Anything produced by Gilles Barge is a bonafide Côte-Rôtie collectible that marches alongside the region’s cast of superstars. Why? Because they have it all: centuries of vine-growing on steep, roasted slopes; complete mastery of traditional winemaking; wines that age flawlessly for decades. And, for all that, they don’t even charge you for it. Well, not what they should, anyway. For well under $100 (really, closer to $50), Gilles Barge’s “Cuvée du Plessy” is outrageously under-valued.
Great Côte-Rôtie tastes and feels like it was chiseled from stone and finished with a bramble-fruited sheen. The vineyards cling to terraced hillsides of granite and schist, producing the most exquisitely perfumed examples of Syrah in the world. This is what you get in every bottle of “Cuvée du Plessy.” In other words, if you’re looking to nail down the raw authenticity and breathtaking style of classic Côte-Rôtie, look no further. I’ll dig my heels in even further: A wine of this caliber, from this world-renowned site, instantly becomes one of the finest ‘liquid’ investments you can make. You never have to gamble with a bottle of Gilles Barges, either. They aren’t one of the many “it” producers flooding the market right now—they’re one of “the” producers that will never steer you wrong. My advice? Buy six and pull one from your dark cellar every five years (start in 2020). Your future self will thank you a thousand times over because when soulful, best-in-class Syrah ages, the world sings.
Despite growing grapes since the 1800s, Jules Barge was the first vigneron to ‘domaine-bottle’ his own wine in 1929. Now in the hands of Jules’ grandson, Gilles, this estate is a true Côte-Rôtie original, one of the great keepers of this tiny appellation’s traditions. To my mind, this is one of the most scandalously under-valued collectibles on the market: It contains old-vine Syrah from some of the Côte Blonde’s greatest vineyard sites, including the eponymous lieu-dit itself (more on that below), and captures the essence of Syrah from this region: impossibly perfumed; deeply meaty, smoky, and mineral; balanced and refined. It even has a classic dollop of Viognier blended in to add a floral kick, which is traditional in the region.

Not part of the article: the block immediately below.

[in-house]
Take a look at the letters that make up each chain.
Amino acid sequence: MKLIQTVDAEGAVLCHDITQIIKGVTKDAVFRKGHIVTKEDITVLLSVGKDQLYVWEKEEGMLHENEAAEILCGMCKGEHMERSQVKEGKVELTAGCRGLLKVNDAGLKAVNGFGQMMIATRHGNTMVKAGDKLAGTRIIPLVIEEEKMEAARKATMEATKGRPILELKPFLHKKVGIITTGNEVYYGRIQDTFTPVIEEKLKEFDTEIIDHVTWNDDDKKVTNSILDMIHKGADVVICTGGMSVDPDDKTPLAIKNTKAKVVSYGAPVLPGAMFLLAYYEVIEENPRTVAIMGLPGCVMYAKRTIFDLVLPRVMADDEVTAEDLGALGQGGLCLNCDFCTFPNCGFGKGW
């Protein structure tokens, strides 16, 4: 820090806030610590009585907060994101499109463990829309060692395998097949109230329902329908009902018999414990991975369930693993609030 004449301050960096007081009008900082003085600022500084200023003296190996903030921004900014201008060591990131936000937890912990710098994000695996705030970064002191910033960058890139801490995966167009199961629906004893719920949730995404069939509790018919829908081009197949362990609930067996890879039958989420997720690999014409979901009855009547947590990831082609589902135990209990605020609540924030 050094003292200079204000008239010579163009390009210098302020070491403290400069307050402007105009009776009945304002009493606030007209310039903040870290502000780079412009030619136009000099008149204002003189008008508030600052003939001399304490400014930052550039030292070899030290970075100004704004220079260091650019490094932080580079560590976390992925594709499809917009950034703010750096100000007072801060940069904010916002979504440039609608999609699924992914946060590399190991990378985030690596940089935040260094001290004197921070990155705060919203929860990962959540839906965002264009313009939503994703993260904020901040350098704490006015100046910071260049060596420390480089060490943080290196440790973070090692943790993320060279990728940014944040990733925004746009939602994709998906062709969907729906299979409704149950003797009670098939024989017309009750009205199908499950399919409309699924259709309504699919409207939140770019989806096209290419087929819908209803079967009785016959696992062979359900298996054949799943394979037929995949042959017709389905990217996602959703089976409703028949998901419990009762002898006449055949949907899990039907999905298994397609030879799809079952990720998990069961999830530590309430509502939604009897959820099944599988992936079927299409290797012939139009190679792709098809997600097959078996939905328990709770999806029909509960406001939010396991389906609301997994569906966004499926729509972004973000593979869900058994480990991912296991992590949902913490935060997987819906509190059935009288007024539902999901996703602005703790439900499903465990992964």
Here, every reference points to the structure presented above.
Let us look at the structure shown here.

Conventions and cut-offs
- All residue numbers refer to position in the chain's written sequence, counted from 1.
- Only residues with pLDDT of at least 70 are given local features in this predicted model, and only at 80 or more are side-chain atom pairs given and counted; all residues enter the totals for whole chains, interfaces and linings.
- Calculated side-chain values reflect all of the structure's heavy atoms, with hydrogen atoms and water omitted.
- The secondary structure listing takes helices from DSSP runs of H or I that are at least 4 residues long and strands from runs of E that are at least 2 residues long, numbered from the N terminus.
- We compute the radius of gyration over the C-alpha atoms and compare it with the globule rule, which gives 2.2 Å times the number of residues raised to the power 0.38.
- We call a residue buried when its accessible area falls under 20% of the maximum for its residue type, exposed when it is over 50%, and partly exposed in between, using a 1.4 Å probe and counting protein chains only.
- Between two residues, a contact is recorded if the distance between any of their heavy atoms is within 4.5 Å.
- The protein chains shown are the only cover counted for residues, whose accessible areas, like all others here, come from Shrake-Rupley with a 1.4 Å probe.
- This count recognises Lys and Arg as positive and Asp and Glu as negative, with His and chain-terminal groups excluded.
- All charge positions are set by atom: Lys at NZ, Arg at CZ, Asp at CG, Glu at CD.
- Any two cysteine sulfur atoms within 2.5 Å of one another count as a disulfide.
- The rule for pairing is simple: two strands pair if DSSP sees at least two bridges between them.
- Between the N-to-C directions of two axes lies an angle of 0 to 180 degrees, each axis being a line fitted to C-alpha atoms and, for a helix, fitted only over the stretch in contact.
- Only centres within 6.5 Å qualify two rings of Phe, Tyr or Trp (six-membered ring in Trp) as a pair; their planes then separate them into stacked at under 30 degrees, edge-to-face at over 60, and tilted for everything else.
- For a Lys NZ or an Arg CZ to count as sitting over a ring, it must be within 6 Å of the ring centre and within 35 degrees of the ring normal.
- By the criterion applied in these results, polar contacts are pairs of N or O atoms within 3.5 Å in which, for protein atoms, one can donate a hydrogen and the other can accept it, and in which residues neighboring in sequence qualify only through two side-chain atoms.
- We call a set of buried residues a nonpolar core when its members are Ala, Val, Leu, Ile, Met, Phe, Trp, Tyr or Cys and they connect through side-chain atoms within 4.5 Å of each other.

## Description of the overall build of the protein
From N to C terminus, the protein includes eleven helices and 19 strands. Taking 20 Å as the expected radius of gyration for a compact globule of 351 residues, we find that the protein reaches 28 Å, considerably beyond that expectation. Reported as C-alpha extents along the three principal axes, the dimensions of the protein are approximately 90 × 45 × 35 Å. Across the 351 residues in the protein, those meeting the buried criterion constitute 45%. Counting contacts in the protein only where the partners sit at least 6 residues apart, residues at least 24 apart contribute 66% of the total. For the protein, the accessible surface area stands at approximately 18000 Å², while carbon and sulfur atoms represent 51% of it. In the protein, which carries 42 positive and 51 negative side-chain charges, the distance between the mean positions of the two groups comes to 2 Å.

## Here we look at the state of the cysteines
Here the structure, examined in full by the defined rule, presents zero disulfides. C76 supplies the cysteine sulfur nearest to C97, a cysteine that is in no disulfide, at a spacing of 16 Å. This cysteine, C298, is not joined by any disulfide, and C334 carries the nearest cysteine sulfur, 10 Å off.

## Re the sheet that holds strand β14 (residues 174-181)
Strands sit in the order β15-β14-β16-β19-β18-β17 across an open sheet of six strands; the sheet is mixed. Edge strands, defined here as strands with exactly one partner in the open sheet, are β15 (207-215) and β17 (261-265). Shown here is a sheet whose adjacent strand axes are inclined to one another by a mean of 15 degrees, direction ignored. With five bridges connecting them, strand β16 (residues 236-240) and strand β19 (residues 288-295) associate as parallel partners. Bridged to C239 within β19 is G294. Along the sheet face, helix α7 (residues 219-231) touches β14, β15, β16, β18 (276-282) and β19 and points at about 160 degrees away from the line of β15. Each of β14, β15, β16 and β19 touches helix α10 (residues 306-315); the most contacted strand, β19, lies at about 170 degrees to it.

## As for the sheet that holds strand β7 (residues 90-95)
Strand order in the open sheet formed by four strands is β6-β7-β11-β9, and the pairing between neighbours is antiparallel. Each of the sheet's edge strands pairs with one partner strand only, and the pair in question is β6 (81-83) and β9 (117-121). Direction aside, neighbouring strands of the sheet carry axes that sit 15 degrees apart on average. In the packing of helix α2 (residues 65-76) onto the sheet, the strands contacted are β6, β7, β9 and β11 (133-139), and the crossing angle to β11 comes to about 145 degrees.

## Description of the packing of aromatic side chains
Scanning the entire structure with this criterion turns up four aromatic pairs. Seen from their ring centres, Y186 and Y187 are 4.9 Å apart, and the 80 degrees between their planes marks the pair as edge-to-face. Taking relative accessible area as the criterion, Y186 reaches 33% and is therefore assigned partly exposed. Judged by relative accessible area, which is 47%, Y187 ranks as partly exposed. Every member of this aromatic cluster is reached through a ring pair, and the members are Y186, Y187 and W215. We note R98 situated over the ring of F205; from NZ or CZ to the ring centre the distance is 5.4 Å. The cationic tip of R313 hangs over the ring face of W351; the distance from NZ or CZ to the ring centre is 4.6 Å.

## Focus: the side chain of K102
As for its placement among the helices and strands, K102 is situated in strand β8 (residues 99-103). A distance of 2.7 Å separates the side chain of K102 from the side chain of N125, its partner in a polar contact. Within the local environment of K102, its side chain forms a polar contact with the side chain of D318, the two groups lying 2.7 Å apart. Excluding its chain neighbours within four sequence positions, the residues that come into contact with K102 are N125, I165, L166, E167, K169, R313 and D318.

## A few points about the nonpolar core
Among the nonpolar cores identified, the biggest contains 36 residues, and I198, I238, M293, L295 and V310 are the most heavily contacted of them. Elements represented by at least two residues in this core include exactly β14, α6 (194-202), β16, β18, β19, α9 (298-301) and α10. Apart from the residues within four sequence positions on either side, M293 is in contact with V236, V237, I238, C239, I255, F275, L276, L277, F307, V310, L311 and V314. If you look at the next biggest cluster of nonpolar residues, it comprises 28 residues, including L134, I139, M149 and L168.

Côte-Rôtie is one of the most precious commodities in the world of wine. There are only about 500 acres of vineyards in the entire appellation, making this aromatic, angular northern Rhône Syrah an even rarer find than Grand Cru red Burgundy. Côte-Rôtie is also one of wine’s most dramatic landscapes—vineyards cling to crumbling, rocky slopes with 60% grades and soil must be held in place by hand-laid, rock-wall terraces called cheys. Thanks to a bend in the Rhône River, these slopes nevertheless have a southern exposure, enabling them to capture all-day sun in an otherwise cool climate. With that sun “roasting” (rôtie) the slope (côte), producers such as Gilles Barge create Syrah of unrivaled complexity and elegance, its aromas often pointed up with the addition of a small percentage of the white Viognier (in the case of “Cuvée de Plessy,” it’s 5%).